Mr Sevilleja owned and controlled two companies incorporated in the British Virgin Islands (BVI). Marex brought proceedings against the companies for sums due under contract. At the trial of its claim in the Commercial Court, Marex succeeded in obtaining judgment for over US $5.5 million, plus costs of £1.65 million.
On 19 July 2013, Field J circulated a confidential draft of his judgment which was due to be handed down only six days later. Marex alleged that, from 19 July 2013 itself, Mr Sevilleja procured the transfer of over US $9.5 million from the companies’ UK bank accounts to offshore accounts under his personal control. By August 2013, the amount standing to the credit of the companies’ bank accounts was not even US $5,000. Unsurprisingly, Marex could not enforce its judgment.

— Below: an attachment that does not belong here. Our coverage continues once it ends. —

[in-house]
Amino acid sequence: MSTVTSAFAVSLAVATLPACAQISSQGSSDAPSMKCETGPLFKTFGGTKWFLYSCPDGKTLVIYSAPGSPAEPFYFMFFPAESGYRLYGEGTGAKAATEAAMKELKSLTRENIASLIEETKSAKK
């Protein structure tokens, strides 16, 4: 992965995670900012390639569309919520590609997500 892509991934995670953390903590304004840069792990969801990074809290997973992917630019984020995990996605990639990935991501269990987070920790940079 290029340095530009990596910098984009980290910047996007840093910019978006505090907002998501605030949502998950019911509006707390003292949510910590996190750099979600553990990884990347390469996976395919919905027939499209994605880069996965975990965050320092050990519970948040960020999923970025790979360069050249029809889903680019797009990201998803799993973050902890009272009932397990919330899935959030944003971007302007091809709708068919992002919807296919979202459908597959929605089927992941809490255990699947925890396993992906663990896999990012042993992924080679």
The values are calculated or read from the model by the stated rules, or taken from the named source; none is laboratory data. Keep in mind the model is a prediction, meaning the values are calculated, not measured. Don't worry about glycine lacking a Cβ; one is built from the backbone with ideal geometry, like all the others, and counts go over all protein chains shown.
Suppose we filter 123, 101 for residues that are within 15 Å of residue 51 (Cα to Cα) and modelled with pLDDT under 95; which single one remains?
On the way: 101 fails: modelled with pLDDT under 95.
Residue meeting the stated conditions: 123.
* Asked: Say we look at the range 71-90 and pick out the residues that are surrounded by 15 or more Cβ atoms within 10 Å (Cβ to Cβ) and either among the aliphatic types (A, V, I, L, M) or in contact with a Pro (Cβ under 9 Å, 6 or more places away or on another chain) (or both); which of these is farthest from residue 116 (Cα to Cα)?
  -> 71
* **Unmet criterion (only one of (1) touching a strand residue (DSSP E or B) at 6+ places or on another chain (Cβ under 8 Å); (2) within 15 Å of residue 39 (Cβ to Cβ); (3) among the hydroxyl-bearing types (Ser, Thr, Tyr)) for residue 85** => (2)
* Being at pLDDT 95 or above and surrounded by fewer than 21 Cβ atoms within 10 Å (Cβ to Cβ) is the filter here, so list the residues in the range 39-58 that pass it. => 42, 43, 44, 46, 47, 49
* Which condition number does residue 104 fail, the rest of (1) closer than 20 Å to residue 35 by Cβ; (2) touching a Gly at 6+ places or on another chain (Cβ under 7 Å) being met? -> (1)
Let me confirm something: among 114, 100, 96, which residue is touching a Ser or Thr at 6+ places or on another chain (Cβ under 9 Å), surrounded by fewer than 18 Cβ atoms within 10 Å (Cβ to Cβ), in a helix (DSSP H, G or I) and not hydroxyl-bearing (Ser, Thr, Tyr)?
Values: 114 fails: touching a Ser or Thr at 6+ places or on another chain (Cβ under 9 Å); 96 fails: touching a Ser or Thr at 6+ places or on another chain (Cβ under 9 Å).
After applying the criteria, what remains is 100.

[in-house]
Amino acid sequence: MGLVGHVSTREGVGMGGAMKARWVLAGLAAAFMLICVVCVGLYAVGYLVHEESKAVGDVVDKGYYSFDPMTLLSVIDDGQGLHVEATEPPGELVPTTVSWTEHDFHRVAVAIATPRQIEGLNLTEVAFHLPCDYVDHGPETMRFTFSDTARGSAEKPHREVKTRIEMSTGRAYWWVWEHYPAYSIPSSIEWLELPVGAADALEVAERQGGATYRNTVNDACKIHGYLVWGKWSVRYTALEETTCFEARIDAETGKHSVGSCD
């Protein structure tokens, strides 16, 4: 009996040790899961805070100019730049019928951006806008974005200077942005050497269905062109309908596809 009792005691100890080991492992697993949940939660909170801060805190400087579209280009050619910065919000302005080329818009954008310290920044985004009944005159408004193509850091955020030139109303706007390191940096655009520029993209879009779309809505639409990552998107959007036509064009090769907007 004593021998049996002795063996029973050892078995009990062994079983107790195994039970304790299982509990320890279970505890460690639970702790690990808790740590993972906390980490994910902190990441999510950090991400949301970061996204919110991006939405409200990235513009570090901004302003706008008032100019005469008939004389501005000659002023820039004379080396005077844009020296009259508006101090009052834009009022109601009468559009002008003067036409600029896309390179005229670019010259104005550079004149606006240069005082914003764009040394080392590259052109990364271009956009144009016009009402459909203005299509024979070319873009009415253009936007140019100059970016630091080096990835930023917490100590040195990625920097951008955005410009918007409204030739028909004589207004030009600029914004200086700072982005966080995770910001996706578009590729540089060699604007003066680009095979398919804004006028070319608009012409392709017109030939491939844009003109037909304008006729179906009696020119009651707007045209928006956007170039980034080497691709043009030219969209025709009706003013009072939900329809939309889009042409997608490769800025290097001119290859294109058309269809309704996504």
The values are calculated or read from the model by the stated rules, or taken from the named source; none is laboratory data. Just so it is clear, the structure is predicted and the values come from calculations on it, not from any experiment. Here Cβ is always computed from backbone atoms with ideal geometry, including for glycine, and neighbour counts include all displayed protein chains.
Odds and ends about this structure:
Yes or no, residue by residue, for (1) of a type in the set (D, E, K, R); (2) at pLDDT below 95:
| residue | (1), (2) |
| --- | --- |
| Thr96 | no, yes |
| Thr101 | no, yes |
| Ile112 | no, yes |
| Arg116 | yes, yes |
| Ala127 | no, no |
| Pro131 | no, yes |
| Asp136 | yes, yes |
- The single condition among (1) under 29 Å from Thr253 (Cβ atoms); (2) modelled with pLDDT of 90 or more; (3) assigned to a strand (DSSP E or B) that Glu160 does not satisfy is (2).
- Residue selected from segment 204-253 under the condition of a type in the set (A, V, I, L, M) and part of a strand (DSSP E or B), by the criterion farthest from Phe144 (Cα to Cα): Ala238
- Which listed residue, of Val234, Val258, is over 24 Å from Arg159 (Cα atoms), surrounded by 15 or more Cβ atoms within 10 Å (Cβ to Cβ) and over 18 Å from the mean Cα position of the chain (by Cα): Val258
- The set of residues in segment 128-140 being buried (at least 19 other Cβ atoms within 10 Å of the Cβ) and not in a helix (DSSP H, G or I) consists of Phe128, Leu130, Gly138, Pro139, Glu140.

In December 2013, Mr Sevilleja put the companies into liquidation in the BVI. Marex alleged that the liquidation was effectively valueless, with the liquidator failing to take steps to locate Marex’s missing funds or to issue proceedings against Mr Sevilleja. Indeed, in parallel proceedings, the US Bankruptcy Court (Southern District of New York) described the liquidation as “the most blatant effort to hinder, delay and defraud a creditor this Court has ever seen” (In Re Creative Finance Ltd (In Liquidation) et al, 13 January 2016 (unreported)).
Marex brought fresh proceedings in England against Mr Sevilleja, seeking damages in tort for both:
Mr Sevilleja raised a jurisdiction challenge on the basis that there was no good arguable claim against him. As Marex was seeking to recover a loss which was identical to the loss suffered by the companies, and which would be made good if the companies succeeded in any action against Mr Sevilleja (so that its assets were restored to them such that Marex’s judgment could then be enforced), the loss was reflective of the companies’ loss and was therefore barred by the rule.
At first instance, Knowles J rejected this argument, observing (correctly) that, were such claims barred, the intentional economic torts “would be left with little application in situations where… they have a principled part to play” (at paragraph 42).